Poor indoor air quality indicated by elevated indoor CO2 concentrations has been linked with impaired cognitive function, yet current findings of the cognitive impact of CO2 are inconsistent. This review summarizes the results from 37 experimental studies that conducted objective cognitive tests with manipulated CO2 concentrations, either through adding pure CO2 or adjusting ventilation rates (the latter also affects other indoor pollutants). Studies with varied designs suggested that both approaches can affect multiple cognitive functions. In a subset of studies that meet objective criteria for strength and consistency, pure CO2 at a concentration common in indoor environments was only found to affect high-level decision-making measured by the Strategic Management Simulation battery in non-specialized populations, while lower ventilation and accumulation of indoor pollutants, including CO2 , could reduce the speed of various functions but leave accuracy unaffected. Major confounding factors include variations in cognitive assessment methods, study designs, individual and populational differences in subjects, and uncertainties in exposure doses. Accordingly, future research is suggested to adopt direct air delivery for precise control of CO2 inhalation, include brain imaging techniques to better understand the underlying mechanisms that link CO2 and cognitive function, and explore the potential interaction between CO2 and other environmental stimuli.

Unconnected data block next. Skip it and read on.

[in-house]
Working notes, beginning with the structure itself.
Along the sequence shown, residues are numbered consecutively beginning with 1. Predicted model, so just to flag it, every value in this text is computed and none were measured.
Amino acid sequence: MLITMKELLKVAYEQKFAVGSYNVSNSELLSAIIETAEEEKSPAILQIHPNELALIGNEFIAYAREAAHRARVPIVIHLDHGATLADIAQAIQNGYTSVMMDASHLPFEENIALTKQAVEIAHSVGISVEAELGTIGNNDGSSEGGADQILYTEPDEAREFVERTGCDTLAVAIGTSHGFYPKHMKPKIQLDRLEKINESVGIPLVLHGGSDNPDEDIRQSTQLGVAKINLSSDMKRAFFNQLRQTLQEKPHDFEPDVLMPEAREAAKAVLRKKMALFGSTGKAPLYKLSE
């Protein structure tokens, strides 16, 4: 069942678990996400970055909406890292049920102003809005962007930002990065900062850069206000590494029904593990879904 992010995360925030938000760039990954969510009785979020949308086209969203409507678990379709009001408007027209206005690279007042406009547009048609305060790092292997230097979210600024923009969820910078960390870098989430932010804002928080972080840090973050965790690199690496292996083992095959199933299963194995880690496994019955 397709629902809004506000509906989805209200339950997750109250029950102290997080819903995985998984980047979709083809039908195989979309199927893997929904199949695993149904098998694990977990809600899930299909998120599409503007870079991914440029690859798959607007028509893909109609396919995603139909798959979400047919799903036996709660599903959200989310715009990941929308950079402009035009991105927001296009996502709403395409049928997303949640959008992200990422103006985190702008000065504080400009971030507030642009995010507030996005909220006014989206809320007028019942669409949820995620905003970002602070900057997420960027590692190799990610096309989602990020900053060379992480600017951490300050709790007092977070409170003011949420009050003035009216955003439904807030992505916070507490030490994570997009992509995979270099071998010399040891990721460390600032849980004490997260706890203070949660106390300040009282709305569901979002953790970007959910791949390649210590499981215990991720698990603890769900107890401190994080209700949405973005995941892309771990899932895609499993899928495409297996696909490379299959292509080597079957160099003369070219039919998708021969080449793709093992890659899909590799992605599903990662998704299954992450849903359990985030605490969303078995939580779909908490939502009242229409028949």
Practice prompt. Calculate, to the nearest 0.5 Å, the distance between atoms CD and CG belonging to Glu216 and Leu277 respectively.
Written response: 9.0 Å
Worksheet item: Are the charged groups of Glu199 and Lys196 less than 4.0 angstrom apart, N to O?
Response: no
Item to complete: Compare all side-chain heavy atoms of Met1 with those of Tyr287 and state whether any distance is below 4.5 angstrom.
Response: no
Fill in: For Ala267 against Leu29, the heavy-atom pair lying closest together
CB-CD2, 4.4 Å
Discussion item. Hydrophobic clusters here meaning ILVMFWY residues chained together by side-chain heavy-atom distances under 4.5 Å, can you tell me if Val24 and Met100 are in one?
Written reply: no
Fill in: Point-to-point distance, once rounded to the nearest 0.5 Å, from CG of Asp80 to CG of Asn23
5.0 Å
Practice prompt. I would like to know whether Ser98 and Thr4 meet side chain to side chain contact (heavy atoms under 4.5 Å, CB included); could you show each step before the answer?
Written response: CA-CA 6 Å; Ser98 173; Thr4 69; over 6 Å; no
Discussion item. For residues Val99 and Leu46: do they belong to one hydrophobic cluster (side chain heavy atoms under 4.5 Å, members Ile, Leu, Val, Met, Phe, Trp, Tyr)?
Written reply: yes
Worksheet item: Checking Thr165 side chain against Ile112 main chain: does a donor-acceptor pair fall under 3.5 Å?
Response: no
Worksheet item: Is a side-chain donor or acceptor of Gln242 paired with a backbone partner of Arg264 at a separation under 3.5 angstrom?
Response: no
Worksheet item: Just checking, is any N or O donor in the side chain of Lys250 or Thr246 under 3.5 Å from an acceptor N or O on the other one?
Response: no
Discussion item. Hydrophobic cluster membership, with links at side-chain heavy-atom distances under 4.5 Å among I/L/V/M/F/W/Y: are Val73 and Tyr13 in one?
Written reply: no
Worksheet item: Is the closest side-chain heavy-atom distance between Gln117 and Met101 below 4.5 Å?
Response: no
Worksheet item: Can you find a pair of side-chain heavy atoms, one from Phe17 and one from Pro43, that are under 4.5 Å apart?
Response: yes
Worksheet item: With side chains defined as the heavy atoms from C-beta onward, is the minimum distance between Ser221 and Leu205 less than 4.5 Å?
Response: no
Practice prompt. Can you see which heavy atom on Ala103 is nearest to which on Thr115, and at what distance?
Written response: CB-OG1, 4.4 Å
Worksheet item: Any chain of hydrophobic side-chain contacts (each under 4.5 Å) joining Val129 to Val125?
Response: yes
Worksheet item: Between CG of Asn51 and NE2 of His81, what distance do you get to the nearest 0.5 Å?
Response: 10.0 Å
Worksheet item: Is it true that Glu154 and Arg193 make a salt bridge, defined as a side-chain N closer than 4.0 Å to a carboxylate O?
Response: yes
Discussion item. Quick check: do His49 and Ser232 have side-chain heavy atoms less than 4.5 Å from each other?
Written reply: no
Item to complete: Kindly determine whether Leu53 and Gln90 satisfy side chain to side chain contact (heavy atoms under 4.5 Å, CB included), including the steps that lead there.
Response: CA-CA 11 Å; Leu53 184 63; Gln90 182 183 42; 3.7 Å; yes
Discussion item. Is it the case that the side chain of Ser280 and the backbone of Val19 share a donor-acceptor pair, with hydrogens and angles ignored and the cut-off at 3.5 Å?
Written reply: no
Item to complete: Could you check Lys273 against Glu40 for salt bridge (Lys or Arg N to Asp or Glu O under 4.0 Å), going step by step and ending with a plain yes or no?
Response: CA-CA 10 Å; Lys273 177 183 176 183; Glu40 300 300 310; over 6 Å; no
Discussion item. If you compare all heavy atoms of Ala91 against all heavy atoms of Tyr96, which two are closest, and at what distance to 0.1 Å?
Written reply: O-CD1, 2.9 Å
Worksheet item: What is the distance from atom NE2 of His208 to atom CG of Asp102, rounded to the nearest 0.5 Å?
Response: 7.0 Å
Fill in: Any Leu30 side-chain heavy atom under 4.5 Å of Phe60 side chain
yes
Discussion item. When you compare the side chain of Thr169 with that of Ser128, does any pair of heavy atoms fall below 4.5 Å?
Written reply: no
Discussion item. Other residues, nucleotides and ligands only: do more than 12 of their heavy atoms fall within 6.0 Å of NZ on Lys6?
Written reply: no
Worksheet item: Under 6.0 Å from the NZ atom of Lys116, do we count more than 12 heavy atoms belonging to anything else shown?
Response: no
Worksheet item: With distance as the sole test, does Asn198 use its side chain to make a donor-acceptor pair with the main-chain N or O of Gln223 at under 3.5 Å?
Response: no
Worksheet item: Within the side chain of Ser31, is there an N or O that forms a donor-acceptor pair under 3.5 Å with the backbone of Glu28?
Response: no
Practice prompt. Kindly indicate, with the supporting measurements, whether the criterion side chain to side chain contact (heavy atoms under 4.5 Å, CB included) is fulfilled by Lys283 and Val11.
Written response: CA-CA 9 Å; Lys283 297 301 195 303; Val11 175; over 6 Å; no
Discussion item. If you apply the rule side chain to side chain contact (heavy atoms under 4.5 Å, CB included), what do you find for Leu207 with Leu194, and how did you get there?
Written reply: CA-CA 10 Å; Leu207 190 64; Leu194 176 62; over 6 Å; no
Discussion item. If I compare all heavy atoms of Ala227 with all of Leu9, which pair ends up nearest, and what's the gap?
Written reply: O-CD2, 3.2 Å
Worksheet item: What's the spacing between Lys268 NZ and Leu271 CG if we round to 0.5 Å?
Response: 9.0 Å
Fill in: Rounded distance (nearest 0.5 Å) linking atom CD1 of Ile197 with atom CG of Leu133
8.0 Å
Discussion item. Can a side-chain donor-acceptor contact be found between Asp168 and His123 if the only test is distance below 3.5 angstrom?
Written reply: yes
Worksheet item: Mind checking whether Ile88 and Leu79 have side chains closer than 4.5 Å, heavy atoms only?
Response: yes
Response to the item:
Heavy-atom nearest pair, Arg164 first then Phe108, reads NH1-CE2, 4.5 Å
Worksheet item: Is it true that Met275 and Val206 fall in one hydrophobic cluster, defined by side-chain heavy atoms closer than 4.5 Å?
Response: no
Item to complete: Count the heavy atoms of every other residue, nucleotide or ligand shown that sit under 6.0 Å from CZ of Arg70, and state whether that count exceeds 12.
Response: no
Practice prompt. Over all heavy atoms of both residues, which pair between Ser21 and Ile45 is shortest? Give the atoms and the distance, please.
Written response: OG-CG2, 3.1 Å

Keywords: CO2 inhalation; decision-making; mental performance; productivity; ventilation; work performance.
© 2020 John Wiley & Sons A/S. Published by John Wiley & Sons Ltd.